Monthly Archives: September 2013

Guest Blogger: Win Blevins: The Last Five Things To Do Before Submitting Your Book

Power of Words


Okay, you’ve gone to the mat with your manuscript for months or years, and you’ve finally won the match with yourself.  Your book gleams like a Rolls Royce.  You’re throbbing with desire to submit it.

Heads up: STOP, it needs more work.  Because words on a screen are harder to proofread than words on a page, because human beings are imperfect, because no manuscript any editor has ever seen is letter-perfect—for all those reasons and many more, yours needs a final sprucing up.

Writing books (and mag articles and movies) for half a century has taught me to take five last steps before submitting a manuscript:

  • Read the entire manuscript again and beef up the verbs.  The man didn’t “move” (one of the laziest words in the English language), he “glided,” or “strutted,” or “shuffled,” or “hustled.”  The man and woman didn’t “argue,” they “clubbed each other with ugly names” or “slashed each other with knife-blade accusations.”  Etc.  You won’t find a page that can’t use a more graphic verb.
  • Cut as many adverbs as you can.  But don’t just cut them.  Wrap the adverb’s meaning into a more active verb.  Where you wrote, “The car moved slowly up the driveway,” change it to “The car inched up the driveway.”  Where you wrote “She laughed loudly,” write “She hooted.”  And so on.  Combine your adverb and verb into a more vivid verb.
  • Read the entire manuscript aloud to yourself.  This is the most powerful of these suggestions.  It’s an amazing experience.  You’ll see places where the language is mundane but yearns to sing, or where it meanders along when it should deliver a short, hard punch.  You’ll notice, especially, dialogue that is wordy—something like “I’m not going to put up with this” when “Screw you” would have done better.  Or dialogue that is explanatory when you wanted an emotional flare-up.  You’ll also notice words that have been left out, or typed twice, or repeated too close together.  You’ll spot awkward phrases and pronoun confusion. Read any manuscript out loud and flaws will be obvious.
  • Transform narration into scene with dialogue.  Read with a sharp eye for passages you’ve summarized instead making them into scenes.  Easy example:  You wrote, “Leaving, she told him she’d be back in an hour.”  Instead let the reader see and hear—“One hand on the doorknob and the other about to slosh her coffee on herself, she called out, ‘Sweetheart, I’ll be back in an hour.’”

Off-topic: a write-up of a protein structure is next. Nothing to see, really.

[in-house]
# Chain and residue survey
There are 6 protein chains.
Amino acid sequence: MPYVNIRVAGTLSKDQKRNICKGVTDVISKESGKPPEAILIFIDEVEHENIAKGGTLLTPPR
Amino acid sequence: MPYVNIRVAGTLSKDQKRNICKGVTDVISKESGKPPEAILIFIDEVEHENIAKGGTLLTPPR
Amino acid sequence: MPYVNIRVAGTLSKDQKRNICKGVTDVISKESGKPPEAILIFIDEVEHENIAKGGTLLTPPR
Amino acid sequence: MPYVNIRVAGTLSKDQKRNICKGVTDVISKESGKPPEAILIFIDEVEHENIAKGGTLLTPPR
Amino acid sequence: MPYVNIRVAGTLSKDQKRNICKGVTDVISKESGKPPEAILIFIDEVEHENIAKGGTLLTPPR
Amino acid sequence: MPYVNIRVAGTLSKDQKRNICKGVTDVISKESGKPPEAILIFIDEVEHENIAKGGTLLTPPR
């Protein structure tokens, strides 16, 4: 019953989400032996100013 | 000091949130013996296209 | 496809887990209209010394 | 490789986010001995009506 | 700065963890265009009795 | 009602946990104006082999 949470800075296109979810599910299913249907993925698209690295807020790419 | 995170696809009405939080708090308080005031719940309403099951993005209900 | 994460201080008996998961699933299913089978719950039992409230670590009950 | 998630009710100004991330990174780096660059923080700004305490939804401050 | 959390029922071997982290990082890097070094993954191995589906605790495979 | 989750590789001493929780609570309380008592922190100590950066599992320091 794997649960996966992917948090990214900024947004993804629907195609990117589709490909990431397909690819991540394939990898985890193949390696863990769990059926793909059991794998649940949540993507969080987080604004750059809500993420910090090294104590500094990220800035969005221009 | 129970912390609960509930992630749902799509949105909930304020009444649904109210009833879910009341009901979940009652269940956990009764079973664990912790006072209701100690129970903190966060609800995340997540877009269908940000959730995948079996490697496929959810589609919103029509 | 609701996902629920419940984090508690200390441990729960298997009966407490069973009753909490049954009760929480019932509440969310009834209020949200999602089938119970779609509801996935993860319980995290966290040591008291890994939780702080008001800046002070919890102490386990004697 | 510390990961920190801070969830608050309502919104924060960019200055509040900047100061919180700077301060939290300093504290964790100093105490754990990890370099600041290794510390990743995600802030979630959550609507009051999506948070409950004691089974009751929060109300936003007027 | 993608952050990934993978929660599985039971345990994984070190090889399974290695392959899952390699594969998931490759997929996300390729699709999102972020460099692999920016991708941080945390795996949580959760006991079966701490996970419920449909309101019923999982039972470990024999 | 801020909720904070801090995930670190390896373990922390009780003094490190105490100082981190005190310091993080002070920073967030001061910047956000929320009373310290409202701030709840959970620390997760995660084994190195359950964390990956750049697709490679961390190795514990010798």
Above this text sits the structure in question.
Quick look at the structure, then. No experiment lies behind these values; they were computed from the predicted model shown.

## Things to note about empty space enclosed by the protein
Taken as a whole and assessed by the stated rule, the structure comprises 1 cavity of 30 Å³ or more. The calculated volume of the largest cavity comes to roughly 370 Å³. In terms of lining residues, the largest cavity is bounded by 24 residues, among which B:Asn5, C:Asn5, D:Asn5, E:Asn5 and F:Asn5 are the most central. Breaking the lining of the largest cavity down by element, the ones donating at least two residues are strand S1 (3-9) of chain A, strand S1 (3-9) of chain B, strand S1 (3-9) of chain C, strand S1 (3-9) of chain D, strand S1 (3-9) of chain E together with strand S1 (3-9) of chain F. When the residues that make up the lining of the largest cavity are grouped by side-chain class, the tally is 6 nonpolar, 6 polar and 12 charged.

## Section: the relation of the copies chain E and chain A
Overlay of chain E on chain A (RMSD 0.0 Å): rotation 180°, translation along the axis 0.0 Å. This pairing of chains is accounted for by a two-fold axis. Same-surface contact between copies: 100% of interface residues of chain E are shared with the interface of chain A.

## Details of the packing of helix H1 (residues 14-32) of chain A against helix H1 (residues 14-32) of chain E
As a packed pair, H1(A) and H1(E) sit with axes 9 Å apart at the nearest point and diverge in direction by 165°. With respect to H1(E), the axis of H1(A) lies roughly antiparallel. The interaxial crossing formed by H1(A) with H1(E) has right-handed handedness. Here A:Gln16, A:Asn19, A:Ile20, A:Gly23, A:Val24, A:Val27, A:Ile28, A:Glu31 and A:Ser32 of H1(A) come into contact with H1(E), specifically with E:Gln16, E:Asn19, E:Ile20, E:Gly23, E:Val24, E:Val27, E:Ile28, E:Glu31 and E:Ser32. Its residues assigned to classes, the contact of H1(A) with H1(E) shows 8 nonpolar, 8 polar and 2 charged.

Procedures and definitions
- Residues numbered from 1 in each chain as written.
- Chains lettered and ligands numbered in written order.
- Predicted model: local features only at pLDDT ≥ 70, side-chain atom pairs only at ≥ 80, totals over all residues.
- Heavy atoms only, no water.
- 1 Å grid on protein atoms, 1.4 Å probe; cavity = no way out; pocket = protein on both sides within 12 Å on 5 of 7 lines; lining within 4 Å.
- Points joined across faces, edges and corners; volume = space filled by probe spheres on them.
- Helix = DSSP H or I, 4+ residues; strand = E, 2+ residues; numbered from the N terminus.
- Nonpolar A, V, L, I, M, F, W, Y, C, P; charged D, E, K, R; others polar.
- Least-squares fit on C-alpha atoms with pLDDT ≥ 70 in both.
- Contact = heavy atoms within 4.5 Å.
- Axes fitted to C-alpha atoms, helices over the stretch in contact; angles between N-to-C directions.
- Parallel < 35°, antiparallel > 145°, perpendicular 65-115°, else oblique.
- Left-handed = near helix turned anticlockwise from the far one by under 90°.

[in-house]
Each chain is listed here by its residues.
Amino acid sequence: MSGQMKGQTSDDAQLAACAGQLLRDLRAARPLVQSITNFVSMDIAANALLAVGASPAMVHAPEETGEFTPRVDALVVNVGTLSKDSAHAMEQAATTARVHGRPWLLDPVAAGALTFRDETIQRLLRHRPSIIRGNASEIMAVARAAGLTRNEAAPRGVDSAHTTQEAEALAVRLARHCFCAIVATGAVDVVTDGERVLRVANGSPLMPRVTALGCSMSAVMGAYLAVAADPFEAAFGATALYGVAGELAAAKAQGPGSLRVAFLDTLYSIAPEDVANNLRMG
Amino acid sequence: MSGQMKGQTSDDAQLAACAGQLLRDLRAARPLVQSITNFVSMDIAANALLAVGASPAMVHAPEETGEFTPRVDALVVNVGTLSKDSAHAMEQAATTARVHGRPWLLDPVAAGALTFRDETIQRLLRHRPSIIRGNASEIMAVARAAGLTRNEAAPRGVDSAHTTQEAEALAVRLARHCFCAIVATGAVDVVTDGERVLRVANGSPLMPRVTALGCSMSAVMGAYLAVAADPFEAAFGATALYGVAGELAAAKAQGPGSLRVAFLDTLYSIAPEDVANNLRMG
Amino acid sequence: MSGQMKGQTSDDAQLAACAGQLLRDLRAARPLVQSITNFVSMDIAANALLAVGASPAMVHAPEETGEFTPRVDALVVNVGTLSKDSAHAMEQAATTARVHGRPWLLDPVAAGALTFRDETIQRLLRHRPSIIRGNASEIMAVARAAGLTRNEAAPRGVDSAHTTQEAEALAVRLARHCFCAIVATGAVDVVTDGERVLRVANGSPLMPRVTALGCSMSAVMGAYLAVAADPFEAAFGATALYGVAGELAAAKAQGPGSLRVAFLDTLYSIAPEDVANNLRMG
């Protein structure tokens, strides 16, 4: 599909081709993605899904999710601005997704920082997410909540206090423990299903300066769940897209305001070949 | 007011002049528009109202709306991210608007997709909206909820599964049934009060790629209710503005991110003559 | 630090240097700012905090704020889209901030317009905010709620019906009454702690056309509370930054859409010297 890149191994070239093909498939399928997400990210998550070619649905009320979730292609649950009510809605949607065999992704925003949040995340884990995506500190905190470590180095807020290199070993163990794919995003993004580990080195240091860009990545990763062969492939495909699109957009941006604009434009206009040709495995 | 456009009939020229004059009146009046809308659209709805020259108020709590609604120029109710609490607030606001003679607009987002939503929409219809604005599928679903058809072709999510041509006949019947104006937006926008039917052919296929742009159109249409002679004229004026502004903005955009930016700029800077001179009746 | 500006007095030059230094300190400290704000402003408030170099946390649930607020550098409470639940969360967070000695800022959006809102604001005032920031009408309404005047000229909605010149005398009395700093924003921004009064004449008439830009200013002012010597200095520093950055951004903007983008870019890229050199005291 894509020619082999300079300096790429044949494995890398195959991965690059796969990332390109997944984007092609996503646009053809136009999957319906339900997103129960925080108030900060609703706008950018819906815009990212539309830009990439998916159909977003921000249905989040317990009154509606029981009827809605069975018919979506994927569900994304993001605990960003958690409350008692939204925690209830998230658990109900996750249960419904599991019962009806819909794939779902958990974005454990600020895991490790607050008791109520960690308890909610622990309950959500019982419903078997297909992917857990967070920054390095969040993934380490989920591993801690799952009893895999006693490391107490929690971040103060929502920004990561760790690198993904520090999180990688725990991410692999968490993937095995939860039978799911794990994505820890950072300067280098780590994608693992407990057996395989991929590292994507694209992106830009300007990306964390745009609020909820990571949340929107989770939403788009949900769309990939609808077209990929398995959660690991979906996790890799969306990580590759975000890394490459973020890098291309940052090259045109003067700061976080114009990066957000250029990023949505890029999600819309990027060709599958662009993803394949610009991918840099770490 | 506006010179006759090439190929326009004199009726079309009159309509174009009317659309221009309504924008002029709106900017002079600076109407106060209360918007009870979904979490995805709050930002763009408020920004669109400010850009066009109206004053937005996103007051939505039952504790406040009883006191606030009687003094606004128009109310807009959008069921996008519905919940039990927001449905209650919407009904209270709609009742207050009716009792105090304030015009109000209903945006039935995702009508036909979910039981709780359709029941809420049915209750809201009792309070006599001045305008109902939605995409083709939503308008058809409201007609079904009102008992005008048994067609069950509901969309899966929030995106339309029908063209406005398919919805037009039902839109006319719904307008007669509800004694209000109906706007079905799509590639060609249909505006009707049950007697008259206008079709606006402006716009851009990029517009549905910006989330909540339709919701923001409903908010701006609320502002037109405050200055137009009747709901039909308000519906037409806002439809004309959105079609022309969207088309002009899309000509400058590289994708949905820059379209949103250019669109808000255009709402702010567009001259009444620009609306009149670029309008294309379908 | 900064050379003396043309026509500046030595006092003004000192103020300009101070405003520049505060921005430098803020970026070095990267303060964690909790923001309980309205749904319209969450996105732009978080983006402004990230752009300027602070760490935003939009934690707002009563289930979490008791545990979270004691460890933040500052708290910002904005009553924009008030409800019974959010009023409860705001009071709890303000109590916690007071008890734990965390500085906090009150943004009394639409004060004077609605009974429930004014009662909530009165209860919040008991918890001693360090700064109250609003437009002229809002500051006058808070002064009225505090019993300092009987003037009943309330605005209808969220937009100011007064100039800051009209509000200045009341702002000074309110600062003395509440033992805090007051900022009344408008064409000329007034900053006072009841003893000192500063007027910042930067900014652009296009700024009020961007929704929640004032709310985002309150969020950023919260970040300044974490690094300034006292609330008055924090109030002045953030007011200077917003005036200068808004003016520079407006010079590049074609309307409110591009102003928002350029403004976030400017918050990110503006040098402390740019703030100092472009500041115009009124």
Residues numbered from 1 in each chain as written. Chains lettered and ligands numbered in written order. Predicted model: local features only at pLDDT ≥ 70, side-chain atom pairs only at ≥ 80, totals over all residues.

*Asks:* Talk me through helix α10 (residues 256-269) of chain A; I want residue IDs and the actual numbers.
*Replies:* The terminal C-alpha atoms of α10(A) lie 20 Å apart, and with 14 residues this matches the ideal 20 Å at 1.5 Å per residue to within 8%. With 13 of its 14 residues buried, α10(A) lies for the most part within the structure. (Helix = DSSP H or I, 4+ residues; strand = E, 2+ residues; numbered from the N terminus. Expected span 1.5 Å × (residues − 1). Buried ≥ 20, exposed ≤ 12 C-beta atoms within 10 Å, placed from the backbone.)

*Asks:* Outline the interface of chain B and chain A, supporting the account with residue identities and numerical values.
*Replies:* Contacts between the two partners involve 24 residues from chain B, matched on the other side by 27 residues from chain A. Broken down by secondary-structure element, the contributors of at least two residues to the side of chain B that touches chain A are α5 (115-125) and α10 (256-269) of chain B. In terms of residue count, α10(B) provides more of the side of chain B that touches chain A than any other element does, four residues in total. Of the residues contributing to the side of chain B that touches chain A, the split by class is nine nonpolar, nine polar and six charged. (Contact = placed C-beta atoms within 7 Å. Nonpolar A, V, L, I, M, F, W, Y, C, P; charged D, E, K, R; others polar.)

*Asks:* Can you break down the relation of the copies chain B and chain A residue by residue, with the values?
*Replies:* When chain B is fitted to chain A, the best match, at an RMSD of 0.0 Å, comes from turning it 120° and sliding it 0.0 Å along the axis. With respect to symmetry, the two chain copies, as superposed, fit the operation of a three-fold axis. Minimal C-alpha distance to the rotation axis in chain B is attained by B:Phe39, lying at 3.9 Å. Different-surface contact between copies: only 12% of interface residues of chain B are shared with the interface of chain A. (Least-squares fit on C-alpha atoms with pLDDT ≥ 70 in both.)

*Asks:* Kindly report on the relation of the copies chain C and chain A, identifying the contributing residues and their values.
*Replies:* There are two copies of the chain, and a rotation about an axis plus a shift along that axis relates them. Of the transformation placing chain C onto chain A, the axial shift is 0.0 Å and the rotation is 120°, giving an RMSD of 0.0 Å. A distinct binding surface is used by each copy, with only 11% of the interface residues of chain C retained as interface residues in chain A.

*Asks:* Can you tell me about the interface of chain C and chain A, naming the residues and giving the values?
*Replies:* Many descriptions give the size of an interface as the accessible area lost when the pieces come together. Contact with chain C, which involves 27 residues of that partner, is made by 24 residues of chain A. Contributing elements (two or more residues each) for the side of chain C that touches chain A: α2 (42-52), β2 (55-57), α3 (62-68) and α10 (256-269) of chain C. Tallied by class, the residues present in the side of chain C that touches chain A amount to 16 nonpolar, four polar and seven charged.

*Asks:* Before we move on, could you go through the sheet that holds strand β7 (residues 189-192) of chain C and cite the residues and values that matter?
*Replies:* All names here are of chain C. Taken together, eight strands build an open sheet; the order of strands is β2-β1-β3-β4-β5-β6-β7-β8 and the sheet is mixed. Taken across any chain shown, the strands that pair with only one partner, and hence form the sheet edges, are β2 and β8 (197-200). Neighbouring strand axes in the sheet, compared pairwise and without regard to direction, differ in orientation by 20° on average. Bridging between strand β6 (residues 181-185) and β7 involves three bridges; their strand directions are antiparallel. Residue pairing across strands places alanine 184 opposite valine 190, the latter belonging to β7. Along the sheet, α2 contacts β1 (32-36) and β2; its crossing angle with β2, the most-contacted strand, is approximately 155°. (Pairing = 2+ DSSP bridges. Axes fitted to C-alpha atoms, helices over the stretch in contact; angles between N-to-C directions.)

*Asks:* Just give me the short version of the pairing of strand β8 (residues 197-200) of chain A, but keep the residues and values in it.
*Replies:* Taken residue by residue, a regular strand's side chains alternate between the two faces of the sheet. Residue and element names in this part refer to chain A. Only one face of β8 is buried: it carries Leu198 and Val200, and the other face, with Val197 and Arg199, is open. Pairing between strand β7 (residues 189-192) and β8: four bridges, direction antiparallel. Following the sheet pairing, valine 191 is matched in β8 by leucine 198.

• Last, spell-check the manuscript.  Yes, damn well do it.  Sure, spell-check is nuts.  Its ideas about grammar are stiff and old-fashioned.  It doesn’t understand the use of words like “myself” and “yourself” and even confuses “its” and “it’s” (!).  But it does two things well.  It catches repetitions (when you’ve typed “sky” twice instead of once) and it can SPELL (it knows “accommodate” has a double m).  No matter how many crazy ideas Spell-check spews out, spotting the spelling errors and repeated words is worth it.

Five readings—and NOW you can hunt down that million-dollar advance.

Win Blevins


Powder River NEW





Posted by on September 30, 2013 in Guest Blogger, Writing


Robotic Surgery: More Problematic Than Helpful?

Robotic surgery is cool. Even the name is cool. Can’t you just see Robby the Robot standing beside the operating table performing some miraculous feat? Great visual. Actually it is ofte done employing the da Vinci Surgical System.


Real robotic surgery doesn’t work that way. Ih fact it’s basically the so-called minimally invasive surgery except that the surgeon is removed from the patient. In minimally invasive surgery small openings are made and cannulas (hollow metal tubes) are inserted into the patient. Instruments are passed through these tubes and the surgery is performed, usually with the guidance of a fiber-optic scope. The beauty of the situation is that the incisions are smaller and therefore recovery is much faster.

The da Vinci Surgical System

The da Vinci Surgical System

Robotic surgery is performed more or less the same way. The difference is, rather than the surgeon standing next to the patient, he is often on the other side of the room sitting in a console operating handles, which in turn move the instruments. He is able to watch everything on the screen, again using fiber-optic imaging techniques.

This technique has always been problematic for me. Much of surgery has to do with tactile feedback. What the surgeon’s fingers feel as they touch and move the organs and as they repair injuries or remove certain tissues and organs is a critical part of any surgical procedure. It’s all in the fingertips. Minimally invasive surgery removed some of this tactile feedback but still the surgeon had some “feel” through the instruments he worked with. Robotic surgery is another step removed from that.

Lately there has been some concern over the safety of robotic surgery, often for these very reasons. The surgeon needs all the feedback he can receive during delicate surgical procedures and the system seems to remove many of them. It’s not that robotic surgery isn’t useful or that it doesn’t have its place, it’s just that everything comes with a downside. But increasingly we are seeing problems with this cool technique. Sometimes the old ways are still best.


My second Dub Walker thriller, HOT LIGHTS, COLD STEEL, deals with robotic surgery. Far advanced from where we are now, but robotic surgery nonetheless.


Posted by on September 23, 2013 in Medical Issues


Crime and Science Radio: The Science of Sherlock Holmes

CSR 970x250


Tomorrow, Saturday, 9-21-13, at 10 a.m. Crime and Science Radio presents:

The Science of Sherlock Holmes: Jan Burke and Leslie Klinger

Leslie Klinger is a Holmes expert of the first order. His THE NEW ANNOTATED SHERLOCK HOLMES is one of the most highly regarded studies of Holmes and his creator, Sir Arthur Conan Doyle.  What influenced Holmes’s scientific and investigative methods?  And what influence has Holmes had on forensic science and criminal investigation?